The use of tendon boots

You will find them in almost every branch of equestrian sport: tendon boots. The goal in itself is clear; is to protect the tendons. Yet not all tendon boots appear to perform their task well and sometimes they cause damage instead of protection. How is this possible? What should you pay attention to when using tendon boots?


A horse’s tendons consist of a bundle of fibres made up of robust collagen (protein). The more fibres there are and the closer they are to each other, the stronger a tendon is. As soon as a tendon is damaged, for example by overheating, injury, or overloading, this causes inflammation. The leg may become swollen, warm and painful, which can cause lameness in the horse. The annoying thing about tendon injuries is that the recovery takes a very long time. This is due to poor circulation in the tendons. 


While practicing equestrian sports, whatever the discipline, the tendons in the horse’s lower leg are at high risk of injury. It is therefore not surprising we want to protect these parts of the horse’s body. But according to researcher David Marlin, tendon boots do not offer that much protection at all and in many cases they can even cause damage (source: The material of the tendon boot plays a major role in this. Some tendon boots absorb a lot of sweat and moisture. This increases the weight on the leg and it takes more energy to move the leg. The material may also ensure that the horse cannot lose the heat it produces, causing the lower legs to become very warm. Overheating can lead to tissue damage or even cell degradation. On the left you can see how a tendon boot retains heat and on the right how a tendon boot transmits heat.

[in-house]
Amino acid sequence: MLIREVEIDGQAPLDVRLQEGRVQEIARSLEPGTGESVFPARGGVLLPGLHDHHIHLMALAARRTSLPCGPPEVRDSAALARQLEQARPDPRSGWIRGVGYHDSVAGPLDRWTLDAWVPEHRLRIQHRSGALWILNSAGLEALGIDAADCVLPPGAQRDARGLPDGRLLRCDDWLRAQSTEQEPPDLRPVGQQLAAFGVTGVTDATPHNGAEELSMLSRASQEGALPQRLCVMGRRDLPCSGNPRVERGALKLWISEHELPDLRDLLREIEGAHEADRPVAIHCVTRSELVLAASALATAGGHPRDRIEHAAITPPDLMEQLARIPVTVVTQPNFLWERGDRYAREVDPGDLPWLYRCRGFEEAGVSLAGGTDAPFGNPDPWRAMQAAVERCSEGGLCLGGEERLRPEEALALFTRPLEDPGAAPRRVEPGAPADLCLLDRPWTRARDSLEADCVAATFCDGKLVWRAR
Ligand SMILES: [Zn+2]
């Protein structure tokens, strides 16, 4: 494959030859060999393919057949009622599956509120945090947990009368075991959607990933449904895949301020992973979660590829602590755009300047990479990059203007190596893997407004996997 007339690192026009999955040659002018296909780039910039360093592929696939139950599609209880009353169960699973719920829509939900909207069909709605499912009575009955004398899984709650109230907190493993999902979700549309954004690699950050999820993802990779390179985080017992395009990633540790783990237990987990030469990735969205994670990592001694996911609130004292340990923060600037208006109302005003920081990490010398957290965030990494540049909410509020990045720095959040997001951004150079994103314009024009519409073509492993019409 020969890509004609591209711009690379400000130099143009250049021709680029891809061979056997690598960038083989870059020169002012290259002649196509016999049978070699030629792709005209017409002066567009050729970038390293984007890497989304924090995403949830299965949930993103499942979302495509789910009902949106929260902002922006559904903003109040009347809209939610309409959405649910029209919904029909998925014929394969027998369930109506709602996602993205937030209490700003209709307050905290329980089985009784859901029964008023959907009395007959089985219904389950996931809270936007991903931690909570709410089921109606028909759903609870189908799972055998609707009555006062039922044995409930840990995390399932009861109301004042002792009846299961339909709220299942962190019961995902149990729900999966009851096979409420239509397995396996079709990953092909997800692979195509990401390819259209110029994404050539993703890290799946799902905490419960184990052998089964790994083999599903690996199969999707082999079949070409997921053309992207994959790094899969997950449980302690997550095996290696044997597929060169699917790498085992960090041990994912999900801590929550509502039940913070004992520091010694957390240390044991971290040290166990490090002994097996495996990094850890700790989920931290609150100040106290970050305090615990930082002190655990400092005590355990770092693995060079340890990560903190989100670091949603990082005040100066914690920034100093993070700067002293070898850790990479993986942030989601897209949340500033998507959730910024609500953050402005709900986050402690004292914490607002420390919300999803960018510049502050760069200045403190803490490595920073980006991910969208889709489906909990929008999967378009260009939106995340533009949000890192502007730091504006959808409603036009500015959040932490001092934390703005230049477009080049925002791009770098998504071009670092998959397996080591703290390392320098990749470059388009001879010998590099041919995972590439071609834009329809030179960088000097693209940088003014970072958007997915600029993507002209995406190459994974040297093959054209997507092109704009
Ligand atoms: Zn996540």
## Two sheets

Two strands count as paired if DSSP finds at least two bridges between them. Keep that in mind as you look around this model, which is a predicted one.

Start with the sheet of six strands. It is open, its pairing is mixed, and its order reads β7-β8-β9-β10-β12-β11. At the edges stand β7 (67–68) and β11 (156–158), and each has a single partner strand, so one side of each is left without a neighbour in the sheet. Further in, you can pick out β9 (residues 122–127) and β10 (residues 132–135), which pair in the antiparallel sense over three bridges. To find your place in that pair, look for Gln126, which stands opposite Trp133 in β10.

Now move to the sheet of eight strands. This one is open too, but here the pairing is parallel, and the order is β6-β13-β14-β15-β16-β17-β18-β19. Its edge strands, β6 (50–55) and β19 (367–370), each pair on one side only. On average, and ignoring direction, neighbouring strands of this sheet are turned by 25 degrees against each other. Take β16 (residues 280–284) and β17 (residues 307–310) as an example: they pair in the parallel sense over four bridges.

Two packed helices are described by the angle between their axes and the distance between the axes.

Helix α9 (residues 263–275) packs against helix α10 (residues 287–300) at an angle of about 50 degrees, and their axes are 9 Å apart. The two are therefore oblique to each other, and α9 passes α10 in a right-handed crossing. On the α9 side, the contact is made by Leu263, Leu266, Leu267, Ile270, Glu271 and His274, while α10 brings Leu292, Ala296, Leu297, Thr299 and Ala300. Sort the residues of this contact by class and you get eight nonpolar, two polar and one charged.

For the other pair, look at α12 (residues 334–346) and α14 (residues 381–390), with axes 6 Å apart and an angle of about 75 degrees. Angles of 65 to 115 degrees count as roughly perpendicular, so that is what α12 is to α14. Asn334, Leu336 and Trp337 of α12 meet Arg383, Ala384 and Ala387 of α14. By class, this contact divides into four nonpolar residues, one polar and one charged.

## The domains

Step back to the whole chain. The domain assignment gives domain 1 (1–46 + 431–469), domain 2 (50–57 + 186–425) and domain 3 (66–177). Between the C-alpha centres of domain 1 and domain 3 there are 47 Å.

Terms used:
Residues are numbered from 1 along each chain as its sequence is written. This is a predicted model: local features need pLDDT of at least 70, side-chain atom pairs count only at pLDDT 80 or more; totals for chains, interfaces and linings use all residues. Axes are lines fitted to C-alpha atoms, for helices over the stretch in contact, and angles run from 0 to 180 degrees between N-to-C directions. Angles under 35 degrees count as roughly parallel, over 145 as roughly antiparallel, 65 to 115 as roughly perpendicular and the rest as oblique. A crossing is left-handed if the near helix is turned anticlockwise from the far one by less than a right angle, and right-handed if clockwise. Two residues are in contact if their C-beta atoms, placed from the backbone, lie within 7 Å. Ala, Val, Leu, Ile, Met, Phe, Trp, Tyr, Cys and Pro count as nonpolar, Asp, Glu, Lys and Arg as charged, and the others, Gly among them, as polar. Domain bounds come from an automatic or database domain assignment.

The number one selling tendon boots consist of plastic or leather with a lining of neoprene or wool. Neoprene (or polychloroprene) is synthetic rubber made from chloroprene. It is a soft, flexible and durable material. It is water resistant, making it an ideal material for outdoor activities. It is also elastic and can absorb shocks well. Ideal properties for tendon boots, but there is a major risk factor. Neoprene is a good insulation material and this is actually a disadvantageous property when used as a tendon boot because it can cause overheating. 


Lamb or sheep’s wool is often used for the lining of the tendon boots. The natural structure of wool ensures that water is not immediately absorbed, so it is water-repellent. It has a natural elasticity and can form well around a leg. In addition, it is dirt-repellent and moisture-absorbent. Moisture-absorbing is a risk because the tendon boots become heavier due to the sweat produced. Wool also has the property that it insulates well, which is detrimental to the heat dissipation in the legs. 


The outside often consists of plastic or leather. Leather is a durable material. It is elastic and resists sagging, tearing and cracking. An important property when using leather in tendon boots is that leather breathes and ventilates and thus adapts to the environment. Overheating will therefore take place less quickly. In addition, it is a flexible material, so the tendon boots will also be able to form to the leg, which is conducive to the mobility of the leg. Plastic, on the other hand, is less suitable, the material cannot dissipate the heat from the leg and increases the temperature in the leg even more. Often plastic is still chosen because they are cheaper than leather tendon boots and they are easy to maintain. 


To prevent tendon injuries in your horse, it is therefore important to know which type of tendon protection you are using. Incorrect use or materials can cause your horse’s tendons to become damaged rather than protected. When using neoprene, wool and plastic, the possibility of dissipating heat must be carefully considered in order to prevent overheating in the leg. 

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